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First Intel ATX12VO Board Spotted, requires more space, and 4 plugs vs 1

See on the right? The Intel ATX12VO does away with the +/- 5v and +/- 3.3v connectors and just uses +/- 12v and grounds. Good in theory since ATX is relatively ancient in computing years, and all the dominant components run on 12v. Thing is, RAM uses 3.3v, USB uses 5v, and PCIe supplements with 3.3v and 5v. Intel's ATX12VO spec didn't call for on board downregulators of 12v, so that 3.3v and 5v still needs to be supplied. So this is what we end up with, an arrangement which takes up more space than ATX24 and still requires 24 pins. So not only has Intel required a new motherboard for their processors, they require a new PSU as well. Pray this doesn't catch on...

1 Reply
Journeyman III

Re: First Intel ATX12VO Board Spotted, requires more space, and 4 plugs vs 1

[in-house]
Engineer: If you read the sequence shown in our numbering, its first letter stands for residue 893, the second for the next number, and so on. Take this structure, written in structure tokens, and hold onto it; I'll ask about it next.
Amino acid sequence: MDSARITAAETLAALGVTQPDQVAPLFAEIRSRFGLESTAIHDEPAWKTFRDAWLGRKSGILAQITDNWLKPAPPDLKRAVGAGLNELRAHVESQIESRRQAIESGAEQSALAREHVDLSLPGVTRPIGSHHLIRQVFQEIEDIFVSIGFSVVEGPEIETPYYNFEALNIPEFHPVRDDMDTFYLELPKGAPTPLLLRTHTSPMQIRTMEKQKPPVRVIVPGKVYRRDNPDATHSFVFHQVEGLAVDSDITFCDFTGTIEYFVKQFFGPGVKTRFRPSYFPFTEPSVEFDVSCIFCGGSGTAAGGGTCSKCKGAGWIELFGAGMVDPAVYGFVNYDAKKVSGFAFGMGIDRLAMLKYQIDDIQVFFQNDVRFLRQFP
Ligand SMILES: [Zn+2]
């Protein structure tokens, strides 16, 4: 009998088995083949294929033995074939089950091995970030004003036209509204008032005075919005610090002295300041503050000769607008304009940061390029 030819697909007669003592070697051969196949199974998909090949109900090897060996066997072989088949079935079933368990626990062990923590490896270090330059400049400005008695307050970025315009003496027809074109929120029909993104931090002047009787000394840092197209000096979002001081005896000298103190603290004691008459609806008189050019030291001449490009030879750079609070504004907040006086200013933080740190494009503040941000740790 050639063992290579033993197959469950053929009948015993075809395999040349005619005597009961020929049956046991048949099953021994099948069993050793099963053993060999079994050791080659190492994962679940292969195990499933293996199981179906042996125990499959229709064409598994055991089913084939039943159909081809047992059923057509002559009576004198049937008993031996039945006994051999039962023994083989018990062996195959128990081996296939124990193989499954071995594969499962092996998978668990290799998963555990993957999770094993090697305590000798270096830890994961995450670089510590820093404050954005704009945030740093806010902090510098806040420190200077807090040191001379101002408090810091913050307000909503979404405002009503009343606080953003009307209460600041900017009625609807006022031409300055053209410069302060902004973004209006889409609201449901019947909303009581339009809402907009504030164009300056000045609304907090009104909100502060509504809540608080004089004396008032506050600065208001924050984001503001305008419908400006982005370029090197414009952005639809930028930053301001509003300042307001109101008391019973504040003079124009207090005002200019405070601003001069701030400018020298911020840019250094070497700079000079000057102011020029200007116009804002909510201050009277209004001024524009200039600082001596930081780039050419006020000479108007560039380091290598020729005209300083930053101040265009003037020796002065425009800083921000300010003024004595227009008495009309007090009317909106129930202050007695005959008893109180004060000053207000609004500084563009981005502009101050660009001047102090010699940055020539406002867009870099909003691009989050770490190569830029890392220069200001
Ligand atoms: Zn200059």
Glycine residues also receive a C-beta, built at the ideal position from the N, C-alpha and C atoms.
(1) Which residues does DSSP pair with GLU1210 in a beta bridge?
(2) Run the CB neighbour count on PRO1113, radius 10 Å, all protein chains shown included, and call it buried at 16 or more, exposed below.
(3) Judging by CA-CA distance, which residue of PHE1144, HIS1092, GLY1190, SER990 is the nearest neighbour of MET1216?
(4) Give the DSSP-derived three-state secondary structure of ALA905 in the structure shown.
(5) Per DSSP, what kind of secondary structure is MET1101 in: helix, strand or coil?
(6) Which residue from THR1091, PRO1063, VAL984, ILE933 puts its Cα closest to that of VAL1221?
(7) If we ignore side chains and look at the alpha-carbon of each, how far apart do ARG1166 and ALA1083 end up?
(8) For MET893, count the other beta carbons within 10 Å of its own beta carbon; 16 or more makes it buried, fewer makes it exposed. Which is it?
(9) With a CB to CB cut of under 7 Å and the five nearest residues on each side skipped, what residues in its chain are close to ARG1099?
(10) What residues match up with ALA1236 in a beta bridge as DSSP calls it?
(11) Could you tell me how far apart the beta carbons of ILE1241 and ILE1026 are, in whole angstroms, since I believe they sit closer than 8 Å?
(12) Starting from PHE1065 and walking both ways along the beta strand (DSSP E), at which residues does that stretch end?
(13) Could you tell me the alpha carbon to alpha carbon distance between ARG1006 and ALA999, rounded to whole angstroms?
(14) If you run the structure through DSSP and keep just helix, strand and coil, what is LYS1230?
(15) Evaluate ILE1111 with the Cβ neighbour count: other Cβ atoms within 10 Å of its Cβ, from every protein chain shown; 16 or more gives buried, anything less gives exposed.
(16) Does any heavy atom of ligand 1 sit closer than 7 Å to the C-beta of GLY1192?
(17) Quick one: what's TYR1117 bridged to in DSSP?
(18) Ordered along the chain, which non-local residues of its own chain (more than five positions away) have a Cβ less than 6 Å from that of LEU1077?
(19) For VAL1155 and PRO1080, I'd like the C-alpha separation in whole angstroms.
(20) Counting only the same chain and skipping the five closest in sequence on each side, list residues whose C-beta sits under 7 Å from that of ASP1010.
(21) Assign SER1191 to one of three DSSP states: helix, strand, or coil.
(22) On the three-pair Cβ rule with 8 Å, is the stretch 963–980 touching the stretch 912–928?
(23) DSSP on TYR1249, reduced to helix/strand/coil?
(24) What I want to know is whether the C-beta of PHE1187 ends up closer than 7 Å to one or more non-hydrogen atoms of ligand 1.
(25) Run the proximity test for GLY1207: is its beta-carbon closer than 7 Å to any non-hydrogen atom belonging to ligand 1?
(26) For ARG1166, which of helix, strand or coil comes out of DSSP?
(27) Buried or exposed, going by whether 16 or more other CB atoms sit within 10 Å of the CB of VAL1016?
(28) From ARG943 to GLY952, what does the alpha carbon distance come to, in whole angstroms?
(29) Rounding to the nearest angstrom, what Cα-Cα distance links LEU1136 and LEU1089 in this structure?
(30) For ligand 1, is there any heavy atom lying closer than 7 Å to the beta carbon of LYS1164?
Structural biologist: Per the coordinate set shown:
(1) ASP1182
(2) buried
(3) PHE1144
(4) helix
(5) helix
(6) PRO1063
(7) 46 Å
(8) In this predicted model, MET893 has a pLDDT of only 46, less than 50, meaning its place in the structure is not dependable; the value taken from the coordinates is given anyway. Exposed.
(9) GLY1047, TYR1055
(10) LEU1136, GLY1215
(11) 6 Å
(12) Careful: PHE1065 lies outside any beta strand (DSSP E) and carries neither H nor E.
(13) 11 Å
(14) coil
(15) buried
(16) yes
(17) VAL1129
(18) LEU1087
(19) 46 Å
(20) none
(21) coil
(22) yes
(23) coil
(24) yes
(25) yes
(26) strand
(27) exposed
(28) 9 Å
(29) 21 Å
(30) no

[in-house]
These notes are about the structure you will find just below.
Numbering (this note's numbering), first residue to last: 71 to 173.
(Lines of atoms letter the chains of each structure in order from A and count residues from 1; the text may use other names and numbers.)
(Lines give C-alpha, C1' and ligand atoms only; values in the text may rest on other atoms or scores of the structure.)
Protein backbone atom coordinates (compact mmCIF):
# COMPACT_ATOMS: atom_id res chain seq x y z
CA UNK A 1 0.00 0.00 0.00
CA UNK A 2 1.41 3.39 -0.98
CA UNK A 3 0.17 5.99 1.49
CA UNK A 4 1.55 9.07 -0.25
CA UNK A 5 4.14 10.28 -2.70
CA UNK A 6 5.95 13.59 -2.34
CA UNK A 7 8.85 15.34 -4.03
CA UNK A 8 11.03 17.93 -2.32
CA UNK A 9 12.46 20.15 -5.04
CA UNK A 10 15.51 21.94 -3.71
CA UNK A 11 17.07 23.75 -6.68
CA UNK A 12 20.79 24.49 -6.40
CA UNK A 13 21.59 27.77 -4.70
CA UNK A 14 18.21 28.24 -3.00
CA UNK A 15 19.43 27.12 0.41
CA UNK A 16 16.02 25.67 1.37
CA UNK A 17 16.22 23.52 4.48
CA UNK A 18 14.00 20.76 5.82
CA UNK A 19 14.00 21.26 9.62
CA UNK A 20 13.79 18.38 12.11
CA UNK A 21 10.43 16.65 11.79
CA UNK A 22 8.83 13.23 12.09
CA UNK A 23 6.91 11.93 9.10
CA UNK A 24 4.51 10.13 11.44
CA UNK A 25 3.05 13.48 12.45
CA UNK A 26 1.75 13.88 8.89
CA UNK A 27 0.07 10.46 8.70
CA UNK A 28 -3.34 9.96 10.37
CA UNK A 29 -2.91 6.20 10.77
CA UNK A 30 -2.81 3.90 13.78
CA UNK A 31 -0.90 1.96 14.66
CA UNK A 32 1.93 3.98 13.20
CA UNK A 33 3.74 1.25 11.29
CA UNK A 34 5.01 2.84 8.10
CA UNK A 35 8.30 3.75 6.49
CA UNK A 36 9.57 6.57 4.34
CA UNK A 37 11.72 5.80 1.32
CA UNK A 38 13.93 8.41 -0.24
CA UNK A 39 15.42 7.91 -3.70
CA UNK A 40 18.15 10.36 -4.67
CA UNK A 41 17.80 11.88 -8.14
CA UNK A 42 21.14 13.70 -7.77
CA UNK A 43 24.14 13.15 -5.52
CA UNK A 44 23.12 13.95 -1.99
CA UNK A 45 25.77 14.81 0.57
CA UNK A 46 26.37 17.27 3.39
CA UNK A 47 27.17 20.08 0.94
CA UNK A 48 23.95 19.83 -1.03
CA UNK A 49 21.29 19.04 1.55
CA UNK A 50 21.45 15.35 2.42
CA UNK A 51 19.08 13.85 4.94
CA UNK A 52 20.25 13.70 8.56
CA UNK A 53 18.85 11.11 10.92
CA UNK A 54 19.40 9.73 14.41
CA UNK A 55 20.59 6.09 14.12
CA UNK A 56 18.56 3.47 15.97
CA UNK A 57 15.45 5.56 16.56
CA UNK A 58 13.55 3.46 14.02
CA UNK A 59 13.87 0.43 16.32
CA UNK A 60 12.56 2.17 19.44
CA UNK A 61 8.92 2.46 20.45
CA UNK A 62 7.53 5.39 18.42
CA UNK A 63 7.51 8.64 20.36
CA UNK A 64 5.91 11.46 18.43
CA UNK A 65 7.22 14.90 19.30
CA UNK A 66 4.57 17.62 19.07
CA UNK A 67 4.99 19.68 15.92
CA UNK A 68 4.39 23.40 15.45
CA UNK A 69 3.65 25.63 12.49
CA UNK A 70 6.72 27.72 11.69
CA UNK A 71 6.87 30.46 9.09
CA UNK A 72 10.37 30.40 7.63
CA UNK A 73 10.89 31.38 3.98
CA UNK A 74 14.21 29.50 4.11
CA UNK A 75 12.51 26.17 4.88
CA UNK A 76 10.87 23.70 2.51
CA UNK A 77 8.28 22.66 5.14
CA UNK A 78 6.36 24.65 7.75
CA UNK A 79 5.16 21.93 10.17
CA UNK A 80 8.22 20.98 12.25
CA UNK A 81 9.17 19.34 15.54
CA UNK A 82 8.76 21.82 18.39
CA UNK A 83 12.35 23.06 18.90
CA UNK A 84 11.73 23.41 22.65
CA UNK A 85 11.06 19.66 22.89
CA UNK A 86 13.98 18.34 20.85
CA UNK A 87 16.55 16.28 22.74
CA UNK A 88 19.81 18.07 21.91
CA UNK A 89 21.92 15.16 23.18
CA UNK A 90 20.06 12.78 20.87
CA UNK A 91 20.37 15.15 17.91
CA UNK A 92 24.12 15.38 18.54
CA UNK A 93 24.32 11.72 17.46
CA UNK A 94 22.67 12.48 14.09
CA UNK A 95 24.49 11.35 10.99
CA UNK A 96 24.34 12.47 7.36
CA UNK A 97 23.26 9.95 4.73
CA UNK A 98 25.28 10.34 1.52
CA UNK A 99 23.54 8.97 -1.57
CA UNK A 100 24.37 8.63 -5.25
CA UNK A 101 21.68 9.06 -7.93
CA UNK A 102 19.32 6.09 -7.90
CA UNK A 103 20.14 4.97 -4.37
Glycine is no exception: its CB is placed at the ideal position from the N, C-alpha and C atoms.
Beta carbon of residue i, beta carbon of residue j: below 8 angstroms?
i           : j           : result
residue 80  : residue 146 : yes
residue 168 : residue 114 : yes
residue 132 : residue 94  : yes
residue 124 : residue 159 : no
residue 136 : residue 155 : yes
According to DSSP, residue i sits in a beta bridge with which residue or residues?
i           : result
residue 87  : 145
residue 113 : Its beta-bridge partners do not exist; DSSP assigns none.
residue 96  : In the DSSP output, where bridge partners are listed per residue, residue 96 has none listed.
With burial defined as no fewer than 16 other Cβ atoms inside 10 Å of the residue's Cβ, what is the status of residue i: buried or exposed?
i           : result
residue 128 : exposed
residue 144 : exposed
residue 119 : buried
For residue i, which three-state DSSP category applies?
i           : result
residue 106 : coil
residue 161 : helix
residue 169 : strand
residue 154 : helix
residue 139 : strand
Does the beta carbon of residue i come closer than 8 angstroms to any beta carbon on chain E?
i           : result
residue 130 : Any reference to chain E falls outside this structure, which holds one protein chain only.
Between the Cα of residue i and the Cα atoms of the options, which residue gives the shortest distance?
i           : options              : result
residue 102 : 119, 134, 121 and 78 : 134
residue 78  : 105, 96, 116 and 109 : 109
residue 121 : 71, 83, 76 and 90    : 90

Pray it does catch on, the 12VO standard is meant to make efficiency at the wall better due to how the switching-mode power supply for pcs work, the fact of the matter is that it is much easier to have 1 transformer that takes the 1500w of avaliable power and converts it from 120v (or 240v in most of Europe and Asia) and just convert it to 12v AC to be rectified. The space savings of a 12VO psu combined with the fact that the DC-to-DC conversion on the motherboard means a higher efficiency computer on the whole, and it's not like motherboards didn't already have some DC-to-DC conversion already baked in. I mean if you run your CPU at 3v.. well... I hope you like your coffee mug warmer. Plus you aren't taking into consideration that as this new ATX12VO standard matures the components that handle power conversion will shrink. I don't think anyone in the beginning of the computer revolution thought computers would be practical for home use for similar reasons as well. If IBM and Apple had given up on home computers because the power switching needed to run the components were bulky, then we very well may not have the computers we do today.